Explainer: What is water scarcity?

As the world warms up and the population rises, water shortages are a growing problem.

While 70 per cent of the Earth’s surface is covered by water, most of it is ocean and freshwater makes up only around 3 per cent of the total - most of that is either buried deep underground, or locked in glaciers high up in the mountains. Image: United Nations Photo, CC BY-SA 3.0, via Flickr.

In glaciers, lakes, reservoirs, rivers, wetlands and even in groundwater, freshwater is increasingly scarce.

The World Economic Forum said last year that crises over natural resources, such as water, were one of the top 10 risks facing the world in the next 10 years.

The United Nations 2023 Water Conference – its first since 1977 - starts on World Water Day in New York on Wednesday.

In recent years, water issues have killed thousands, devastated landscapes, and caused billions of dollars of damage to economies around the world.

Rain and snow have failed to end California’s worst drought in 1,200 years. The Po, Italy’s longest river , has reached historically low levels. Floods in Pakistan last year killed more than 1,500 people and inundated about a third of the country, while France experienced its driest winter since 1959.

While 70 per cent of the Earth’s surface is covered by water, most of it is ocean and freshwater makes up only around 3 per cent of the total - most of that is either buried deep underground, or locked in glaciers high up in the mountains.

Water is the frontline of climate on many fronts. It is how climate change is manifesting for people in their daily lives already.

Alexis Morgan, global water stewardship lead, WWF

“People often think of reservoirs as being storage, which they are, but the bigger storage out there is actually groundwater and glaciers,” Alexis Morgan, WWF’s Global Water Stewardship Lead, told Context.

Here are some facts about water scarcity:

Why are we running short of water?

Water scarcity is driven by greater demand due to global population increase and lower supply caused by climate change.

Water is the frontline of climate on many fronts,” Morgan said, “it is how climate change is manifesting for people in their daily lives already”.

Growing populations need more water for industry and agriculture, as well as for drinking and sanitation.

Climate change has led to floods and droughts, and changed precipitation patterns, hurting agriculture.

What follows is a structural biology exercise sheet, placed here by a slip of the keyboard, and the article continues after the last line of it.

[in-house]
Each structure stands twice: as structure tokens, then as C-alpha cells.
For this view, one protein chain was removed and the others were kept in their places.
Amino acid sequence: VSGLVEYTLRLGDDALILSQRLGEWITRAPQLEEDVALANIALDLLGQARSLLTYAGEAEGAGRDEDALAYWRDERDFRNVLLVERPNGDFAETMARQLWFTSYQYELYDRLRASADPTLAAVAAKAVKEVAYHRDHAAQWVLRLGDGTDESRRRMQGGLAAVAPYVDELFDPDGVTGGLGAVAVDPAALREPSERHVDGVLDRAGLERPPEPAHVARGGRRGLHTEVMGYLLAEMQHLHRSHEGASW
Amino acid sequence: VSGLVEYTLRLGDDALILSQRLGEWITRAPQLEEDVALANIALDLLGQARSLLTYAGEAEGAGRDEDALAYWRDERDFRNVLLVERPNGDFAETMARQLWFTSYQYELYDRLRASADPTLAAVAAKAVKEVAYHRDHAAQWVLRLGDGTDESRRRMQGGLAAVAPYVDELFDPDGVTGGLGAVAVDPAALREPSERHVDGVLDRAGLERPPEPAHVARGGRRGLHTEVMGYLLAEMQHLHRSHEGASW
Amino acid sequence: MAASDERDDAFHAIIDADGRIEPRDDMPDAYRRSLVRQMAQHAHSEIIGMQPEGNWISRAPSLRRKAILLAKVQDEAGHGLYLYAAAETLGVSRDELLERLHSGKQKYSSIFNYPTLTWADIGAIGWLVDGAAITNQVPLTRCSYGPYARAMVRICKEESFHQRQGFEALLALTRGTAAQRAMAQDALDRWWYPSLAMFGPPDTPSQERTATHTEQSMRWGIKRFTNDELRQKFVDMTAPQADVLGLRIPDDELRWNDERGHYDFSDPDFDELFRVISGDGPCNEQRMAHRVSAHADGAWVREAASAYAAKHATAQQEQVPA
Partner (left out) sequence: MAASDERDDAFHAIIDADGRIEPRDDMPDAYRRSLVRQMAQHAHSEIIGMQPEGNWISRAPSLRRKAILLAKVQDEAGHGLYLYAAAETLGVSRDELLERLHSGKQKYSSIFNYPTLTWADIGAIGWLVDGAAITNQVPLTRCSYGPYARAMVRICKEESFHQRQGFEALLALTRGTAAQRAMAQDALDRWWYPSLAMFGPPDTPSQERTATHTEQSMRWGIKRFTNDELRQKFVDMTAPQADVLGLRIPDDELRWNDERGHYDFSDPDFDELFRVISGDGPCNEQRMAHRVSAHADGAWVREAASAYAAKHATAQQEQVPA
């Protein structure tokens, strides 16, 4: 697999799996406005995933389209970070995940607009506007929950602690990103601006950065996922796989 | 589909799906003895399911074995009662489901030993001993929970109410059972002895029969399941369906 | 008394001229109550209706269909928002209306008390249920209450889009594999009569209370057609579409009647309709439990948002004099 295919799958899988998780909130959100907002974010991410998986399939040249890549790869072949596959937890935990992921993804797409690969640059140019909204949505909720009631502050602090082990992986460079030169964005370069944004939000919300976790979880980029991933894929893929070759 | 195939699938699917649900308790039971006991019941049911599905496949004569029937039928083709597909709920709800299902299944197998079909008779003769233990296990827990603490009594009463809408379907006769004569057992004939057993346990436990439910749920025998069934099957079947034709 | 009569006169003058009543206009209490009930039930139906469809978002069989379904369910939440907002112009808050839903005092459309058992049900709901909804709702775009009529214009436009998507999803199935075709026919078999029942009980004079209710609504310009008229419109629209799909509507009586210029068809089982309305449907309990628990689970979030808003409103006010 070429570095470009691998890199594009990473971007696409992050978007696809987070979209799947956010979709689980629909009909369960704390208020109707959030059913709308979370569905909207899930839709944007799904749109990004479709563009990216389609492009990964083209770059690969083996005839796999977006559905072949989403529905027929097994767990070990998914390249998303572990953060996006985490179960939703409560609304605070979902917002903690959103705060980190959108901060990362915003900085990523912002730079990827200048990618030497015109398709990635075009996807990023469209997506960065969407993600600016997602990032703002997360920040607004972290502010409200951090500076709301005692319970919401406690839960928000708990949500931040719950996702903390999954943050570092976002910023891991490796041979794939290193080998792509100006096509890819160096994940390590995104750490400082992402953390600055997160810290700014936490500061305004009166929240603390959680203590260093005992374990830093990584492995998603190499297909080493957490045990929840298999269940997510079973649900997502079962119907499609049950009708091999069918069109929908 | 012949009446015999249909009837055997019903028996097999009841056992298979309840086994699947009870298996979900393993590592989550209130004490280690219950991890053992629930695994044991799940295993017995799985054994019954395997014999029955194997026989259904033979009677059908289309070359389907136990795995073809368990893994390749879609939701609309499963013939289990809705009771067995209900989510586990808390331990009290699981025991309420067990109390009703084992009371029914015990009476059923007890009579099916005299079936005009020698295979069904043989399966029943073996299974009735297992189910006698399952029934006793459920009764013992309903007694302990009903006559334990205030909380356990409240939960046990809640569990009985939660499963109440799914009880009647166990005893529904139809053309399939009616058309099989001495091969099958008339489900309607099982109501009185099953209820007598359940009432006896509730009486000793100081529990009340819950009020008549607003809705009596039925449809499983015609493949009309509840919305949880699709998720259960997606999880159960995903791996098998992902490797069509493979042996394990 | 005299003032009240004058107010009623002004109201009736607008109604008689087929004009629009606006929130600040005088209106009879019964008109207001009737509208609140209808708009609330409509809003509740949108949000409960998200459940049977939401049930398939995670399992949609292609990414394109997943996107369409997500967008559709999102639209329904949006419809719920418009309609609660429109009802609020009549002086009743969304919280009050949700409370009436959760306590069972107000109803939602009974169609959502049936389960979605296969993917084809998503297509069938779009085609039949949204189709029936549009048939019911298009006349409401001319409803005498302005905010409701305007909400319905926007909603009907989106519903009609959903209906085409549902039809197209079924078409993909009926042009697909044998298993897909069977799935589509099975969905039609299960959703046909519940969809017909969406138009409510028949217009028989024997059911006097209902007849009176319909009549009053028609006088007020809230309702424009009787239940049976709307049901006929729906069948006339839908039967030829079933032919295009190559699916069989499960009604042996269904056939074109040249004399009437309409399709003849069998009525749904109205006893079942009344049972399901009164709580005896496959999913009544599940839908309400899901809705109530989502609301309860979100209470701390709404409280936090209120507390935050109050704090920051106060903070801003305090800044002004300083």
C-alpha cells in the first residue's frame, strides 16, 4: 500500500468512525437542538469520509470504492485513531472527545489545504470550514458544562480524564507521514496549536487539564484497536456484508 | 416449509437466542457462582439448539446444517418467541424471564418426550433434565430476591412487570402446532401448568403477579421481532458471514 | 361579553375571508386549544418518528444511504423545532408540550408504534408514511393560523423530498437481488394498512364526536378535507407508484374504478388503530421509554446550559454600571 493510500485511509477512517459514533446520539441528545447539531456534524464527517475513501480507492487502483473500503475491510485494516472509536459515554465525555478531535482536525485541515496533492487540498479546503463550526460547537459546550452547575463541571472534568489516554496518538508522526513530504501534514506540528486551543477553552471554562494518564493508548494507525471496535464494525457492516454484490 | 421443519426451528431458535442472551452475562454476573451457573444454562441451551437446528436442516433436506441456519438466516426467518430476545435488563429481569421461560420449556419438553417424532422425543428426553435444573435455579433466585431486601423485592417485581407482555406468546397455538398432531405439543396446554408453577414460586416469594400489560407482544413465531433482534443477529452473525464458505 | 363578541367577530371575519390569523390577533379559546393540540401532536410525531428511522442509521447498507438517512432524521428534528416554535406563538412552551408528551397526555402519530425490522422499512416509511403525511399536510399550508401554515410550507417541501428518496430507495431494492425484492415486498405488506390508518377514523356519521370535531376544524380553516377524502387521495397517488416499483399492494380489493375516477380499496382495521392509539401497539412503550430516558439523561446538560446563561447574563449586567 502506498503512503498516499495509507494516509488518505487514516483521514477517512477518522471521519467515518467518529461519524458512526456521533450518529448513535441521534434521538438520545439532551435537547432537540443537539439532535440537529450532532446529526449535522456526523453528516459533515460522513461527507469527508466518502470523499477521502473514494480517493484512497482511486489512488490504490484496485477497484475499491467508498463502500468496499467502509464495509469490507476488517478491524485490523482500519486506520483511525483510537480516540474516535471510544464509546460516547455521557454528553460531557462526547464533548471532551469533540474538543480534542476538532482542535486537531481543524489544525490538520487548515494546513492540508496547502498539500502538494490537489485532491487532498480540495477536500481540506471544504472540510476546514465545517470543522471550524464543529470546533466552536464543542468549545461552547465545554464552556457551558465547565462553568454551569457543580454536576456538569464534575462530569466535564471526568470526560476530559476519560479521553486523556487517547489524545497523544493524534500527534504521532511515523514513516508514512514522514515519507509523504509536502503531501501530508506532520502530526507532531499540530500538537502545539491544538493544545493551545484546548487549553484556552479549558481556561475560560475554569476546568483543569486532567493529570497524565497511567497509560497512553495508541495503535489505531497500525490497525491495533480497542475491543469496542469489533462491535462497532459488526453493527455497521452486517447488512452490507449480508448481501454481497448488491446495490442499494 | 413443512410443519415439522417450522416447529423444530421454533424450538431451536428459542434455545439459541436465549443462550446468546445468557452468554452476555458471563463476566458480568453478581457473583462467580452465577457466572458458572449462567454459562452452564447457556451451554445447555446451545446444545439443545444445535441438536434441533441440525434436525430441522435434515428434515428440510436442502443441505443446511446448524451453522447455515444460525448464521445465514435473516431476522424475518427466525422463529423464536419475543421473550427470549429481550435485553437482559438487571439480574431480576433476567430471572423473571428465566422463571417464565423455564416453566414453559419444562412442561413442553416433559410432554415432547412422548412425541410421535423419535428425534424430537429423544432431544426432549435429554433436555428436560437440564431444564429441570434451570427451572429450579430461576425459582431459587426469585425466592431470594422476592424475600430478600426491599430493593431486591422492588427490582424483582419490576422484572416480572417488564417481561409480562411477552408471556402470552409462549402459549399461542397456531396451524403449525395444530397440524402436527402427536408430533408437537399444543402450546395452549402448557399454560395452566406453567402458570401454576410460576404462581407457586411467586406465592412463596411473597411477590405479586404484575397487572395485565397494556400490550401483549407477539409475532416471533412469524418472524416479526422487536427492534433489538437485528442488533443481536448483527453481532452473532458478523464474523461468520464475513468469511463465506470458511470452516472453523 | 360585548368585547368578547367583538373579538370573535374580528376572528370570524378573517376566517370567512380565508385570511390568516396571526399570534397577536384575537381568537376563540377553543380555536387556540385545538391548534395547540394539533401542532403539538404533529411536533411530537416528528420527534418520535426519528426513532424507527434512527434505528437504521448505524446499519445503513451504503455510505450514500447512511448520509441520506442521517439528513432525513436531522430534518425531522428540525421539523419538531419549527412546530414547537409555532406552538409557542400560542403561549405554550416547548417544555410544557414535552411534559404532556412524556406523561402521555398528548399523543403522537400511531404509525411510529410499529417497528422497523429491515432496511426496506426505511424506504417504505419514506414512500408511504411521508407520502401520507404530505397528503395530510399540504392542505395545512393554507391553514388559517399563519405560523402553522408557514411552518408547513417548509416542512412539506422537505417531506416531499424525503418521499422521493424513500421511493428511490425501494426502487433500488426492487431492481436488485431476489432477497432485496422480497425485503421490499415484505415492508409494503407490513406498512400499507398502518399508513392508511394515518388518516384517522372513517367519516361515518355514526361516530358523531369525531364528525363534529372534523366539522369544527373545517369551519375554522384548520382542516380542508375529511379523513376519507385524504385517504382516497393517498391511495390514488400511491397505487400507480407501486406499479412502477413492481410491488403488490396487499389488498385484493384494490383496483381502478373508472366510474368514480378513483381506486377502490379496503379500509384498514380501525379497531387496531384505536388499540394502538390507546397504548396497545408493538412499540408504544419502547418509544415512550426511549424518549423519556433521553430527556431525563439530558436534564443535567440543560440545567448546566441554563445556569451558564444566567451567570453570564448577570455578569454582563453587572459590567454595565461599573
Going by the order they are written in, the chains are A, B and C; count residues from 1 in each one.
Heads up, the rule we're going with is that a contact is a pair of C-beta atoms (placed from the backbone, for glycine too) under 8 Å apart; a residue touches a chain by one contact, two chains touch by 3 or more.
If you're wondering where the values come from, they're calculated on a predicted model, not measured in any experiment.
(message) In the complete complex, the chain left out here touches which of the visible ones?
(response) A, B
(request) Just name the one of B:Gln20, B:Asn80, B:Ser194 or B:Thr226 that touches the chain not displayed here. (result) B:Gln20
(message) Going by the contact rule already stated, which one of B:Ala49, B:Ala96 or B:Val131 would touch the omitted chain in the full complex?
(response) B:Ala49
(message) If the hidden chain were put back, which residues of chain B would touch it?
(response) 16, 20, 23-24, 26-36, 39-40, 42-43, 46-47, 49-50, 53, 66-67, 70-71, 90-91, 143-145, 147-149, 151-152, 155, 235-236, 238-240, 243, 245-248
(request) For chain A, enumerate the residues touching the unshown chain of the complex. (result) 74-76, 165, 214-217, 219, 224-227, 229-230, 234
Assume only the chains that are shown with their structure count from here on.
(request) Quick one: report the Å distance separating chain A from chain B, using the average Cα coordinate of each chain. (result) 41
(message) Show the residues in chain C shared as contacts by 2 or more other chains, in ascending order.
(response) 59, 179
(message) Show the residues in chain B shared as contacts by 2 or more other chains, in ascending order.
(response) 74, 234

Farming is not only a casualty of water scarcity, but also one of its major causes. Irrigation for agriculture accounts for  70 per cent of water use worldwide.

Deforestation for agriculture only compounds the problem, as trees can help increase rainfall, studies show, and also lock more water in the soil.

What are the effects of water scarcity?

Two-thirds of the world’s population, or some 4 billion people, experience water scarcity for at least one month a year, the UN says.

Water scarcity can lead to food and energy scarcity, political instability and even armed conflict.

“Water scarcity is essentially an insecurity concern,” said Morgan.

As well as quantity, poor water quality can lead to public health issues.

Poorer countries and communities are the most affected, the UN says.

Millions of people around the world, struggling with the impacts of climate change, have no other option but to migrate. Both internal and external migration can lead to  political instability and conflict.

Where rivers or lakes form the border between two countries, it can result in disputes over management.

What are the solutions to water shortages?

With no changes to water management, the Earth could face a 40 per cent shortage in water supply by 2030, according to a 2016 report by the International Resource Panel of scientific experts.

One of the solutions is “to slow water and to store water in the way that nature does,” said Morgan.

“A big part of the water story ultimately comes back to nature,” he said. “As we’ve degraded ecosystems, what happens with water is it starts to speed up … we get more in certain circumstances and less in other circumstances.” 

The UN said the aim of its 2023 Water Conference was to ensure “that we all fundamentally understand, value and manage water better and take concerted action to achieve the internationally agreed water-related goals.”

The UN said it was essential to provide universal and equal access to safe and affordable drinking water for all by 2030, especially for women and girls, and those in vulnerable situations.

It was also necessary to decrease pollution, eliminate dumping and avoid the release of dangerous chemicals, halve the share of untreated wastewater and increase recycling.

Desalination, dams and reservoirs, rainwater harvesting or water conservation could increase water-use efficiency.

From the clothes we wear, to the food we eat, Morgan said, even as individuals, we can be part of the solution, by eating locally produced and seasonal vegetables, wearing secondhand clothes and choosing sustainable brands.

Better agricultural practices could feed a growing human population with less water.

“We have loads of commitments, what we need is more action,” Morgan said.

This story was published with permission from Thomson Reuters Foundation, the charitable arm of Thomson Reuters, that covers humanitarian news, climate change, resilience, women’s rights, trafficking and property rights. Visit https://www.context.news/

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